President Peres:

"Anne Frank's message should especially resonate today. It serves as a warning to us all against a tyrant who uses chemical weapons to murder children and against attempts to develop nuclear weapons for mass destruction"

 

"I doubt whether Assad read Anne Frank's diary"

 

Especially for the visit a previously unseen letter written by the sole survivor of the Frank family immediately upon his liberation from Auschwitz was shown to President Peres and made available to the public

 

The President of the State of Israel, Shimon Peres, began his visit in the Netherlands with an historic visit to Anne Frank's house, a symbol of Holocaust remembrance in the Netherlands and across the world. During the visit President Peres examined unique original pages from Anne Frank's diary and was presented with an original photo album Anne Frank compiled during her time hiding in the annex.

In a rare moment President Peres was shown original pages from Anne Frank's diary, the photo album and the first letter written by her father upon his release from Auschwitz – items usually kept under strict control in the archives. President Peres, who wore special protective gloves, held the photo album in his hands, looked through the photographs and said, "Anne Frank's message should especially resonate today. Her legacy is not just remembrance of the Holocaust but a living testimony that no-one in the world can ignore  - a ray of light and an honest voice in a darkened world."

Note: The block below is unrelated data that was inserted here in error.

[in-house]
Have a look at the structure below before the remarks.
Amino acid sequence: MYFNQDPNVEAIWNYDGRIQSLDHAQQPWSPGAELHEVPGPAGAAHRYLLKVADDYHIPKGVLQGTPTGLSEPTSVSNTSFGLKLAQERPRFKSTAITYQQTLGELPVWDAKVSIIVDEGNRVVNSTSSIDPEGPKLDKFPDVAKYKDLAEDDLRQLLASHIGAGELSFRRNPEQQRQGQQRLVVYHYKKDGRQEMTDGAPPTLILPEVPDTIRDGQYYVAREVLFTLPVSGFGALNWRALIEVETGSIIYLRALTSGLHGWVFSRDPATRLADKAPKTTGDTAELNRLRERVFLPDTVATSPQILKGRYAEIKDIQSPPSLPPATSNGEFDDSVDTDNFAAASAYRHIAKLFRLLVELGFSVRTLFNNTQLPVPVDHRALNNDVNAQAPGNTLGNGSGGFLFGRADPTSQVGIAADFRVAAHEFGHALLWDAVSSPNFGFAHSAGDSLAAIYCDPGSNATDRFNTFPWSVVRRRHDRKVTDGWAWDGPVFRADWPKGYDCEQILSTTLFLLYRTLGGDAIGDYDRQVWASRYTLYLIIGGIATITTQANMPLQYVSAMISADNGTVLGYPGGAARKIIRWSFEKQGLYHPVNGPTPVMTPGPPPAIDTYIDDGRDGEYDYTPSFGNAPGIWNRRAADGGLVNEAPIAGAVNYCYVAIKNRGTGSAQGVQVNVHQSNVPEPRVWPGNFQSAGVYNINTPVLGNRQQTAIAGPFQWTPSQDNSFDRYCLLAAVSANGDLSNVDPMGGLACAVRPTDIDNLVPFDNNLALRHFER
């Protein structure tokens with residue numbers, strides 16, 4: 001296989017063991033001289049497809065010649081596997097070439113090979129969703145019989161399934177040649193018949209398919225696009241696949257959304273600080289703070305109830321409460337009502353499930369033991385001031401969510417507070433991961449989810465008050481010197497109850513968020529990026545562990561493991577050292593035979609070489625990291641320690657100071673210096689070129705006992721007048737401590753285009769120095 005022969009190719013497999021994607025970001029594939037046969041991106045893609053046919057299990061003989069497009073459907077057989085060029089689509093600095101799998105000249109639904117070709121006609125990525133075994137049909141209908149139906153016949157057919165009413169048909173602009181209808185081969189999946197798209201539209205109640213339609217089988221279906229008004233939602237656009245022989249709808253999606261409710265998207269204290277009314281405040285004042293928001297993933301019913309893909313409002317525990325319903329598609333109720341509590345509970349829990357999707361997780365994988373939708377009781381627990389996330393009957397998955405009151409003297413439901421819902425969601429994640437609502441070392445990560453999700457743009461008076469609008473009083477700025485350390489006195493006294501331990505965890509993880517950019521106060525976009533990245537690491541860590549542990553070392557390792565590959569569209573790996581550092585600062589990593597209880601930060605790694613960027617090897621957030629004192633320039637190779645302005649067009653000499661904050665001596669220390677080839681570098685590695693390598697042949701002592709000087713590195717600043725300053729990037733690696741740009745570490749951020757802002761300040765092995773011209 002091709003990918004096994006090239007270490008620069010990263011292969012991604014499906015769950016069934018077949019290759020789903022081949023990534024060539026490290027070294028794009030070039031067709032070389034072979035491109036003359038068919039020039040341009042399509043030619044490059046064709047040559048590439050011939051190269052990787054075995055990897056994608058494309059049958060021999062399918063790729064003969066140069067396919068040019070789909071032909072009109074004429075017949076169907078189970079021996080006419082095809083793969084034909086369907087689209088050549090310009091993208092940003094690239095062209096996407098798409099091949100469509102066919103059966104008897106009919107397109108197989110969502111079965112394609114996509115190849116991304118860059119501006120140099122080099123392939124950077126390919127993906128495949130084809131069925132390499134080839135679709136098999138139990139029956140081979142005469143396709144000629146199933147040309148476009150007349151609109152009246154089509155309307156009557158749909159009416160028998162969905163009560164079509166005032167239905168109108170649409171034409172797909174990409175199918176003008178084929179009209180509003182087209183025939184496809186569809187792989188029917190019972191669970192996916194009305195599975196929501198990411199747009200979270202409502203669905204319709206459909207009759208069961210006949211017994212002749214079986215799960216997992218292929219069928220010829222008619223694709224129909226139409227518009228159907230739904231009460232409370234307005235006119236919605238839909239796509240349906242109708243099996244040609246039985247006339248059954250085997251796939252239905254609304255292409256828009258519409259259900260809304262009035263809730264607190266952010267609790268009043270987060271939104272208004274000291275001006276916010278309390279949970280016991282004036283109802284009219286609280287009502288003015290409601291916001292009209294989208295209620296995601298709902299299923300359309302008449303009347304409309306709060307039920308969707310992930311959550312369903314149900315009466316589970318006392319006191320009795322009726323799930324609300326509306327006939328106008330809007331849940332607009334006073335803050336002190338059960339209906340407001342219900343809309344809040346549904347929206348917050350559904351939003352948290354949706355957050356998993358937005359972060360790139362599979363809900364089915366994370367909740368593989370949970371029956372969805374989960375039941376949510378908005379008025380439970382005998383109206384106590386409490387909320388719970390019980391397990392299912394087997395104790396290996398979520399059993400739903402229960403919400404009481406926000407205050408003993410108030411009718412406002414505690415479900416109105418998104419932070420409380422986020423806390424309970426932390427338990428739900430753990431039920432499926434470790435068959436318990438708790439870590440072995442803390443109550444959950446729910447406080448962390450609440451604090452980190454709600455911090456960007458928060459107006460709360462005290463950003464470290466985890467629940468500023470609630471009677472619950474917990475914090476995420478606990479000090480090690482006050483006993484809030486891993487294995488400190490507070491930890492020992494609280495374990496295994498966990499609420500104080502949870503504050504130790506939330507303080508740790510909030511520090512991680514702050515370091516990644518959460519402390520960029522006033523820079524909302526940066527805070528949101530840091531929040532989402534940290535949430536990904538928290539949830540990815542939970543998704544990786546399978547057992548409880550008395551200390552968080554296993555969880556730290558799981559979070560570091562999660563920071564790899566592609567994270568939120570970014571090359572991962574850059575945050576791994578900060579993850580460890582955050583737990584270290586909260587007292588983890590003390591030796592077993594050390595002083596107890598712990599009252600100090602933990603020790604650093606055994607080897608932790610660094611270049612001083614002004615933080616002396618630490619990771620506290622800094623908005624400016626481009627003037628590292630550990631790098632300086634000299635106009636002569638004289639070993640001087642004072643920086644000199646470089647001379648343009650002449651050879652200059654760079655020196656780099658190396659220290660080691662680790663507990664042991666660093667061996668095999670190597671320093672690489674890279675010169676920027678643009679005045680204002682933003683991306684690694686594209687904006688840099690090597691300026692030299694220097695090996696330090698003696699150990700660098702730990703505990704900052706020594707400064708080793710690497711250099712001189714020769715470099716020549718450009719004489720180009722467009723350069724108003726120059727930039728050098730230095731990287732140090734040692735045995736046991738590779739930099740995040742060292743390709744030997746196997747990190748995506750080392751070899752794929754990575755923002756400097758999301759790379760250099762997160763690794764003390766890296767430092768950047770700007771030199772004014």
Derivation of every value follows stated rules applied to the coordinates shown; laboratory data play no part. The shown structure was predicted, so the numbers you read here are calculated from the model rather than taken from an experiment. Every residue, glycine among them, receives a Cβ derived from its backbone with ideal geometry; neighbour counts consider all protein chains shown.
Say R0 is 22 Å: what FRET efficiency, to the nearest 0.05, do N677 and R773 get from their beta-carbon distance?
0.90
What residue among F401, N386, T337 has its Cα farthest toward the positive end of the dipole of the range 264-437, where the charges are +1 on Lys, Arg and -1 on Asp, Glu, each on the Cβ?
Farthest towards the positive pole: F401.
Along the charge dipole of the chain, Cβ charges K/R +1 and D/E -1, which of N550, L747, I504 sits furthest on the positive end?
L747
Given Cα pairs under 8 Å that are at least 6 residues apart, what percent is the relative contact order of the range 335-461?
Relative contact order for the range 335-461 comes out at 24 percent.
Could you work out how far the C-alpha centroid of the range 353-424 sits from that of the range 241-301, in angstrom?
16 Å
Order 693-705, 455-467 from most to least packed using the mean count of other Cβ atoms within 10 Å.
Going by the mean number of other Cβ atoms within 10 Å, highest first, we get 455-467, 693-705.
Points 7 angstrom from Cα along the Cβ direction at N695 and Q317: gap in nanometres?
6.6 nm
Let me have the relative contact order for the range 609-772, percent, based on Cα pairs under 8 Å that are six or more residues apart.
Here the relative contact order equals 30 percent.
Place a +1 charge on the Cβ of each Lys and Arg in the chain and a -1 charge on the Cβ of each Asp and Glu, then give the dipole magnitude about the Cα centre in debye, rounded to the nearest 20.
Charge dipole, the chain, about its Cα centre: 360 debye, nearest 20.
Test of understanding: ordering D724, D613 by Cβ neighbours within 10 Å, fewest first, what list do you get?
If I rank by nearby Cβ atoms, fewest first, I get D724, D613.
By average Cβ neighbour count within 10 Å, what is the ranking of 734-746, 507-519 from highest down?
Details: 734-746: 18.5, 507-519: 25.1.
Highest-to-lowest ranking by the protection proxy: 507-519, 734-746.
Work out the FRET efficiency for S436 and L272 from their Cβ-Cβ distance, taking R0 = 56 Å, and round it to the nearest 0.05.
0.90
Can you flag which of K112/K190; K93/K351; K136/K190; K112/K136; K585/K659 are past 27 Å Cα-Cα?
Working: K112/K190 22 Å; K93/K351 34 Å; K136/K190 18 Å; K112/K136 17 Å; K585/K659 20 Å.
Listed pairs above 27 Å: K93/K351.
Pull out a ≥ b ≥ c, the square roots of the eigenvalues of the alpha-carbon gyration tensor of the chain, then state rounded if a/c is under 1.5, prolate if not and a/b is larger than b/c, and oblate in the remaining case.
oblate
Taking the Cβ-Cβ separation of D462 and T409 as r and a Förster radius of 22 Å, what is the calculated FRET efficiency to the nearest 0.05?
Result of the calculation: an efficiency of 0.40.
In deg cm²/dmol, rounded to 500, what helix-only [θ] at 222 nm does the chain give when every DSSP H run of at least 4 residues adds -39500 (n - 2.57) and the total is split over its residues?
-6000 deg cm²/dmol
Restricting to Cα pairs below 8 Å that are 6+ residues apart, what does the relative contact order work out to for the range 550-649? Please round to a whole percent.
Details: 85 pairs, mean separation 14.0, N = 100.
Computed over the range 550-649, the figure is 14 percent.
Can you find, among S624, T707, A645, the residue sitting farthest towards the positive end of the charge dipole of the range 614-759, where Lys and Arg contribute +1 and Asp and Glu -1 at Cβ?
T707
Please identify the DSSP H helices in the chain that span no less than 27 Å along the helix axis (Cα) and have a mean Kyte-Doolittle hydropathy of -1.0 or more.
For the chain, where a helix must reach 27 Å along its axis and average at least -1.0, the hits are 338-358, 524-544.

President Peres continued and said, "As I begin my visit to the Netherlands today I cannot ignore what is happening around us and say in a clear voice that Anne Frank's warning stands before us today. I doubt whether Assad read Anne Frank's diary, when he didn't hesitate to use chemical weapons to murder innocent women and children. It serves as a warning to us all against a tyrant who uses chemical weapons to murder children and against attempts to develop nuclear weapons for mass destruction." President Peres concluded and said, "Anne, your voice which rings in our ears today, will forever remind the Jewish people and the world of the victory of light over darkness."

During the visit by President Peres, Anne Frank's house unveiled, for the first time to the public, original copies of two letters in German sent by the sole survivor of the Frank family, Otto Frank, who was rescued from Auschwitz. The letters, written in February 1945, are to his mother and were sent only a month after his liberation from the death camp by the Russians. The letter shows that even in the final days of the war Mr. Frank continued to do everything he could to protect his family and to believe that they will survive despite the tragic situation. The letters are part of a collection given to Anne Frank's house by the American actor, Joseph Schildkraut.

 

 

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